eFC Briefing: Bonus Clawback Plan

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Morgan Stanley ups the ante on permanent compensation reform. Financial services layoffs are broadening and in some cases accelerating, based on December job-cut announcements and the latest U.S. Labor Department data.

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Morgan Stanley's bonus overhaul outlined Monday applies clawbacks both more broadly and more aggressively than a similar plan unveiled by UBS three weeks ago. The new Morgan Stanley program starts with this year's bonuses and covers all bonus-eligible employees. In contrast, the UBS reforms begin next year and is limited to corporate executives, division leaders and designated "risk takers" who trade significant amounts of the bank's capital.

Merrill Lynch's average employee bonus is set to drop 50 percent compared with last year. And Merrill's top five executive asked the board's compensation committee not to pay them any bonus for 2008. Citing unnamed sources, The Wall Street Journal reports late Monday that Chief Executive John Thain backed away from asking the board to pay him as much as $10 million. Meanwhile, Morgan Stanley's chief executive John Mack decided not to take a bonus for the second year in a row.

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Financial services layoffs are continuing apace, with a wide range of firms making moves early in December. They include substantial workforce reductions at Credit Suisse (affecting mostly investment bankers), State Street Corp., the combined Nomura/Lehman Brothers operation in London, and Washington Mutual's former headquarters in Seattle. Also hit: hundreds of commodity traders at Constellation Energy, and recruiting positions at global headhunter Michael Page International.

In the last three months, the U.S. securities industry shed a net 17,600 jobs - close to its fastest pace of decline in at least a decade. As a percentage of the industry work force, employment in securities is shrinking at roughly twice the pace of U.S. employment as a whole, and almost twice as fast as the broad finance sector (which also encompasses bank lending, insurance and real estate).

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Top-tier private equity firm the Carlyle Group is laying off about 100 people, or 10 percent of its workforce, and closing at least two offices. The victims range from back-office staff to some of the firm's dealmakers, Investment Dealers' Digest reports. Carlyle also is closing an office in Menlo Park, Calif., recently closed a 10-person Warsaw office, and terminated a seven-member Asian leveraged finance group. A number of big hedge funds are cutting staff too, says a separate IDD story.

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While financial layoffs in Asia have yet to approach the massive numbers being seen in Europe and the U.S., the vulnerability of jobs there is increasingly apparent. Chicago-based Citadel Investment Group and Japan's Nomura Holdings became the latest institutions reportedly planning staff cuts in Hong Kong as well as Japan.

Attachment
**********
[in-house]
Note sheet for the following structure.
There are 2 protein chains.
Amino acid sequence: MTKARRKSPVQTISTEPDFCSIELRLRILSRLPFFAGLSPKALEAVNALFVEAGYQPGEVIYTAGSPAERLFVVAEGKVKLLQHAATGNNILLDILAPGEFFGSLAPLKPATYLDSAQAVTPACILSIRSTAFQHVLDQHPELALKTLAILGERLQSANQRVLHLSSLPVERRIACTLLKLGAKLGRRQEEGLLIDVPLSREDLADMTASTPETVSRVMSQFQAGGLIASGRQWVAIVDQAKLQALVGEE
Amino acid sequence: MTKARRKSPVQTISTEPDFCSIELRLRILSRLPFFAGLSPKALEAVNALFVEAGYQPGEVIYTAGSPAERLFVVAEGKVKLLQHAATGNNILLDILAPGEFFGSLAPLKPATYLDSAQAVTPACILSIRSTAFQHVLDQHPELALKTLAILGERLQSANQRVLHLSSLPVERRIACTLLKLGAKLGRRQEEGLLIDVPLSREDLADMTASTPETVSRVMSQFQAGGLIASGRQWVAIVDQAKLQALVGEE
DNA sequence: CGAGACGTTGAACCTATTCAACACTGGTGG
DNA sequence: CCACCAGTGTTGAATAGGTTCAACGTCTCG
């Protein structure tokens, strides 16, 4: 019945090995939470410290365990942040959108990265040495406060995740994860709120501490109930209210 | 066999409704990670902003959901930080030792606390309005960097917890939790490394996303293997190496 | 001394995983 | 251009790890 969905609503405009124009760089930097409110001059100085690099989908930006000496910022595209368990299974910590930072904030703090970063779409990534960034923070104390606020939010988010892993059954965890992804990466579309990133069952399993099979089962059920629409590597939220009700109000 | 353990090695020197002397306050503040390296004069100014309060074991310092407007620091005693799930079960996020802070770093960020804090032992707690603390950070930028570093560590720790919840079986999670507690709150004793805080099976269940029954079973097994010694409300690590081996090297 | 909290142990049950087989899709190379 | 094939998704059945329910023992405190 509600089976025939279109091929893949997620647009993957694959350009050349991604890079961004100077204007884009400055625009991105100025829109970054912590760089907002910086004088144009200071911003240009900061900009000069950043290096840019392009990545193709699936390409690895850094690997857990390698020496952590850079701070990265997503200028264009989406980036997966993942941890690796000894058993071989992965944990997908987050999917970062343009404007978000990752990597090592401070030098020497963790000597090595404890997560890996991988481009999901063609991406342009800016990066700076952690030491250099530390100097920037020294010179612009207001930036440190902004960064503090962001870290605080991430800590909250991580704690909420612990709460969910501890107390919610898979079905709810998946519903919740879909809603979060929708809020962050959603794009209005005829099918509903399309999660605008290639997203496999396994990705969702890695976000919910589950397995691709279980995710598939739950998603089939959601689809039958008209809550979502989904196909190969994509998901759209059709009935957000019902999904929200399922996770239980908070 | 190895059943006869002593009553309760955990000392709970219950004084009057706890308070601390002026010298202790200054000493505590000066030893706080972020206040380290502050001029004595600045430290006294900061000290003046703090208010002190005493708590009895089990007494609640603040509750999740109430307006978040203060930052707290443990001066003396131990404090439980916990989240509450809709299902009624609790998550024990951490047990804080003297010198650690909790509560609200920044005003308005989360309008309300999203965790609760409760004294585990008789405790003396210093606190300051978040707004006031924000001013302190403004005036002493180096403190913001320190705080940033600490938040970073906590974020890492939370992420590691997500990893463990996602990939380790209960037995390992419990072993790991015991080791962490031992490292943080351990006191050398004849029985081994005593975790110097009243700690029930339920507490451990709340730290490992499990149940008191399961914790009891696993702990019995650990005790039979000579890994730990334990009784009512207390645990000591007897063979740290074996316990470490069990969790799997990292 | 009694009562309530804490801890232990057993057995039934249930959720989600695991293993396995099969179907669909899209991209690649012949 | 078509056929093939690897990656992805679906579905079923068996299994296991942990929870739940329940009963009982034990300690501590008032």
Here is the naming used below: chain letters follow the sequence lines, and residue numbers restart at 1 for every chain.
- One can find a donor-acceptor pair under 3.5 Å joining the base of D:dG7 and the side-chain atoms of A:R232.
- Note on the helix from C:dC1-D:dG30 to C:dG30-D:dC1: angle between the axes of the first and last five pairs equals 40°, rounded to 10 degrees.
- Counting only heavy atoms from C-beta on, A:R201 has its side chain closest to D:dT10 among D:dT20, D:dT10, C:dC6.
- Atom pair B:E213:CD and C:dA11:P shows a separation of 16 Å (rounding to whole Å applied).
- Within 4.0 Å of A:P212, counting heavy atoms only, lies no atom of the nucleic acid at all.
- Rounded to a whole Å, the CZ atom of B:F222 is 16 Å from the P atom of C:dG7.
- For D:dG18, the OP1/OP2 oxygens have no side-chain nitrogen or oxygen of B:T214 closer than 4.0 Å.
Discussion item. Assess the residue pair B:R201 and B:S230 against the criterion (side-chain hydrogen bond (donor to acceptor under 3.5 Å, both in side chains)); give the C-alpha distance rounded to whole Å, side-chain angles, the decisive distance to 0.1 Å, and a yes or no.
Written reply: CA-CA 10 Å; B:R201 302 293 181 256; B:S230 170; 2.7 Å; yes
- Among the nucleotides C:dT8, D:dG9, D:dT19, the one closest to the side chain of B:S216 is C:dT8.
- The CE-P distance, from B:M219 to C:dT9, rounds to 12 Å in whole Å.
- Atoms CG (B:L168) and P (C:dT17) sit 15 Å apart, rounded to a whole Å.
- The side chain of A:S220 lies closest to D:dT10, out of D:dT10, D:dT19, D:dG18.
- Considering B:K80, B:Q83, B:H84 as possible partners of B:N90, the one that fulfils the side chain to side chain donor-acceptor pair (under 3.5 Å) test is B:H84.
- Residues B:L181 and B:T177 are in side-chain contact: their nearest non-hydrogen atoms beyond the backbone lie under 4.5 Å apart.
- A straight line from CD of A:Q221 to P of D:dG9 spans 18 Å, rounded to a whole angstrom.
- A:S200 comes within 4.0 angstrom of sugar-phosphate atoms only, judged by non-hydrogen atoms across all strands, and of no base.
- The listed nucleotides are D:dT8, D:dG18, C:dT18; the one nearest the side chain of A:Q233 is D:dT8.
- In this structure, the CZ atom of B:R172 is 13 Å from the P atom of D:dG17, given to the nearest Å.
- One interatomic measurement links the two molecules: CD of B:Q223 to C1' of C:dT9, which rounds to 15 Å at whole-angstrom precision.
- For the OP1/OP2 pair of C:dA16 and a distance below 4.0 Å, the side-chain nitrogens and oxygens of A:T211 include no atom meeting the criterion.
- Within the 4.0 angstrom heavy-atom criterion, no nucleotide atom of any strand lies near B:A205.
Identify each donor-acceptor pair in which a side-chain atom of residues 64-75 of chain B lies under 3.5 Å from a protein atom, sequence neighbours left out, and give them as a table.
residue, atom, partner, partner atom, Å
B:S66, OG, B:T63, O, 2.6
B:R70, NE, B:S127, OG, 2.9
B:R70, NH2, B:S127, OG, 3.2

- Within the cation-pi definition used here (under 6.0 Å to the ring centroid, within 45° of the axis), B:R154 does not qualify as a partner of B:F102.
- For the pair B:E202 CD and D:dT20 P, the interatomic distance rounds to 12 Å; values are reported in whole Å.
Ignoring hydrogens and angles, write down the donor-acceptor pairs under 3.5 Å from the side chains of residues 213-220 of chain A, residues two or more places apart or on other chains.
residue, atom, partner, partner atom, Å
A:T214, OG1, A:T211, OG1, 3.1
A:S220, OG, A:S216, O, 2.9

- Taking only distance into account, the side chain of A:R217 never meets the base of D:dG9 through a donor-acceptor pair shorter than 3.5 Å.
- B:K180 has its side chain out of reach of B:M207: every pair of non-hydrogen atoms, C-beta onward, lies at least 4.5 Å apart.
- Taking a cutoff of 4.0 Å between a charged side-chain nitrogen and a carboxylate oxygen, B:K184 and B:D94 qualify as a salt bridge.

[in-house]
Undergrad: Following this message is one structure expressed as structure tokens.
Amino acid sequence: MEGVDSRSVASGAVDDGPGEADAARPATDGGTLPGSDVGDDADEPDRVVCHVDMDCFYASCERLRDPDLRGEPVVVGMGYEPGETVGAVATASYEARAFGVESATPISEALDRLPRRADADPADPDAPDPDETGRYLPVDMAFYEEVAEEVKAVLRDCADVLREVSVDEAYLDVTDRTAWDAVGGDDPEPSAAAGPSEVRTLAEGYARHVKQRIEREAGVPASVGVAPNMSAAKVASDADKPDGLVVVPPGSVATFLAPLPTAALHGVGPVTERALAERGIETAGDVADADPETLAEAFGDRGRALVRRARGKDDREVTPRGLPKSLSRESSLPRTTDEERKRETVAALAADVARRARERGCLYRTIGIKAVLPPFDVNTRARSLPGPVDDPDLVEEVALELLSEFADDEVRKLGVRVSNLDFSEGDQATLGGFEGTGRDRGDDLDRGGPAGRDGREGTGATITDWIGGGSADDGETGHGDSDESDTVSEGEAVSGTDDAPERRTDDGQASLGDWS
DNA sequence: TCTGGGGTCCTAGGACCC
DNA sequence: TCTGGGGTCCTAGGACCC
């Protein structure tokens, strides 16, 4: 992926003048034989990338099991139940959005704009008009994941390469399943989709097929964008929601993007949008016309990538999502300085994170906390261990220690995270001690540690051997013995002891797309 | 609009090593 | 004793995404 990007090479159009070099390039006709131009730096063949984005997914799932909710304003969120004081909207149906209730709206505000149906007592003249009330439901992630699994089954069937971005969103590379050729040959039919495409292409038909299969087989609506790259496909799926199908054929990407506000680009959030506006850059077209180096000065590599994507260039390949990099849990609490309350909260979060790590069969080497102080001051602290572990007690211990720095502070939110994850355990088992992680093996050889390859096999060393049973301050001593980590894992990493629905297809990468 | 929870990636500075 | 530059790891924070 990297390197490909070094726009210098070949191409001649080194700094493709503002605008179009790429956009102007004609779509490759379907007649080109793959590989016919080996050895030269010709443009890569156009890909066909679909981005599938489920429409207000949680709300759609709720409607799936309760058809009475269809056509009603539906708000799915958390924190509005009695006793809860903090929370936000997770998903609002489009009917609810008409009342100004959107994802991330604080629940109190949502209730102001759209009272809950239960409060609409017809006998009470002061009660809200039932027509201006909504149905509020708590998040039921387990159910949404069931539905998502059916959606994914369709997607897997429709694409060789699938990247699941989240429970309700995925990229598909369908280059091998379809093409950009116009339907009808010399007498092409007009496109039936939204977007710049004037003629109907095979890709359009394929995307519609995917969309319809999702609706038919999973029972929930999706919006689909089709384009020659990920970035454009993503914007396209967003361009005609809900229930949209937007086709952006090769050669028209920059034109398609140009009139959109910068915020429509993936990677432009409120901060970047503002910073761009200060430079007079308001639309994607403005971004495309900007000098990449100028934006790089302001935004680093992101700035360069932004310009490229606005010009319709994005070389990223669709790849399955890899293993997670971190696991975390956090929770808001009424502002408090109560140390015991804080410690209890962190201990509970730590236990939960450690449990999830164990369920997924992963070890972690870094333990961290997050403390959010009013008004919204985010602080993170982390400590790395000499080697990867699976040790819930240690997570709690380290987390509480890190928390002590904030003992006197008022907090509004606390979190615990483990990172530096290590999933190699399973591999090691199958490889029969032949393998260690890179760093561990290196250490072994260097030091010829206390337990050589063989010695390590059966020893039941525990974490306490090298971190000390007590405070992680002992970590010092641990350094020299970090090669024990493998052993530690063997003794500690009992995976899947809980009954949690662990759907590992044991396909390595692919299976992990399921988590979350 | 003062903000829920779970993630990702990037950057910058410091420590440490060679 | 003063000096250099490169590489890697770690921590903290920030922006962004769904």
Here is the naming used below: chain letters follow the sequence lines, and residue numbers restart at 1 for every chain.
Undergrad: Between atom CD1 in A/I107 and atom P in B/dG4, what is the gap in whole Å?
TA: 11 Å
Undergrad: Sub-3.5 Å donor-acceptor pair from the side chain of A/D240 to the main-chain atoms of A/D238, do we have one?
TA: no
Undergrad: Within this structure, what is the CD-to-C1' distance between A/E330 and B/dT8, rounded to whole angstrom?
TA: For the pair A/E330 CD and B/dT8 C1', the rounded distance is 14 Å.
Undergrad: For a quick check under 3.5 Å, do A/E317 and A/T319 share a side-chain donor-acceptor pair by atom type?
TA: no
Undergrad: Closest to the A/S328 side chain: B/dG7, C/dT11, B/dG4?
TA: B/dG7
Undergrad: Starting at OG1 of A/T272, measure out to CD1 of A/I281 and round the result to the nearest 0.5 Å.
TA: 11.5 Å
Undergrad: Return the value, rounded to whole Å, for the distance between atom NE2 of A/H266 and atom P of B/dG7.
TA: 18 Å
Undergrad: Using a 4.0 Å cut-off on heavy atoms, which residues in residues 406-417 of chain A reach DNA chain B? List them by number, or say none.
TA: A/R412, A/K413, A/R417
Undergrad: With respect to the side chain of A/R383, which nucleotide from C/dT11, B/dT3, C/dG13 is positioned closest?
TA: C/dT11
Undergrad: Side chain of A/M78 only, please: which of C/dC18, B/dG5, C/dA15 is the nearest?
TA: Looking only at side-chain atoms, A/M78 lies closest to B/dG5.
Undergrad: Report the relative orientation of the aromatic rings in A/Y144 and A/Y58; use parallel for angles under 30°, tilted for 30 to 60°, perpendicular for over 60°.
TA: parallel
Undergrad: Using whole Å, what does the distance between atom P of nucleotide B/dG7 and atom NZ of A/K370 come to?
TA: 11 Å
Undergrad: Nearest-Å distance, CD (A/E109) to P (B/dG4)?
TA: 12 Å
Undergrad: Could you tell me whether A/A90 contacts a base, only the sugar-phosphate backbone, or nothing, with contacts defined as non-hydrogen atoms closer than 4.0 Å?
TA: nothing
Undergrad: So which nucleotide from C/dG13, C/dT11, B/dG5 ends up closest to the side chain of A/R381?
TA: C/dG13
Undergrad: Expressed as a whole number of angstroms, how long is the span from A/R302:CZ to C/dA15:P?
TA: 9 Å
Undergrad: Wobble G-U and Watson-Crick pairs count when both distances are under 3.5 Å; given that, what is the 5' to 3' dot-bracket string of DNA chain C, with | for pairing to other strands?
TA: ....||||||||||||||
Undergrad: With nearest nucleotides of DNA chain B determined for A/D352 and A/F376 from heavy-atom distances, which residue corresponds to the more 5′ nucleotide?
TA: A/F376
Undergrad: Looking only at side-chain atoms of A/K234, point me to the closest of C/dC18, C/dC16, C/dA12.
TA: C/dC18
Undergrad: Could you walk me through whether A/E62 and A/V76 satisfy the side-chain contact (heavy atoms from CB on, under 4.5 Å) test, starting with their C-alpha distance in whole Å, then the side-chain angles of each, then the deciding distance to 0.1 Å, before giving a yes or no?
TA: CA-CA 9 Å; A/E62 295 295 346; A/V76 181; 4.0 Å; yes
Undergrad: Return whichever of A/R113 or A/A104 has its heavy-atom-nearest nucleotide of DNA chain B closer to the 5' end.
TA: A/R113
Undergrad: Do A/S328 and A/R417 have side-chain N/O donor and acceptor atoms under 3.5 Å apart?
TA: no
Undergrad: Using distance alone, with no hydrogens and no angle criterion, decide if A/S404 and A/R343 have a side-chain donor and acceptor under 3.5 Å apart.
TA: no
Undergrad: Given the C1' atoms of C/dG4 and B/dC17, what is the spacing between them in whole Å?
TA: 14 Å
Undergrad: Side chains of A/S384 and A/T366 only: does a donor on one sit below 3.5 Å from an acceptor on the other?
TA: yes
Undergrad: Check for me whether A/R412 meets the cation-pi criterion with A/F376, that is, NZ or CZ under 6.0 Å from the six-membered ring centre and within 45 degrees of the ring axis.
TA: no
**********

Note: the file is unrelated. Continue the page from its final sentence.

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Layoff announcements notwithstanding, financial services executives profess an appetite for opportunistic hiring and also voice greater optimism about acquisitions and capital investment than their counterparts in other industries, according to McKinsey & Co.. A McKinsey survey last month found that "Just over a fifth (21%) in financial services said they were keen to hire talent that otherwise would have been unavailable, compared to 20% in professional services, 16% in high-tech and 10% in manufacturing," reports Financial News.

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The financial crisis and its consequent layoffs will make it increasingly easier for businesses to find quality workers for financial technology and Web work, Informationweek reports. The supply/demand balance has shifted in favor of employers, with more IT financial technologists looking for work but fewer jobs for them to fill - at least in the U.S. New York, Seattle and Charlotte, N.C., where Wachovia is located, are expected to lose the most financial technology jobs.

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American International Group, kept alive by more than $100 billion in credit from the U.S. government, reportedly plans sizable cash "retention payments" for 130 executives and other employees. According to Bloomberg News, AIG is gearing up to dole out special cash awards of 100 - 300 percent of salary for senior executives and up to 100 percent of salary for another group of employees not as high in the corporate hierarchy. And most of the 130 executives also will receive 2008 bonuses next March.

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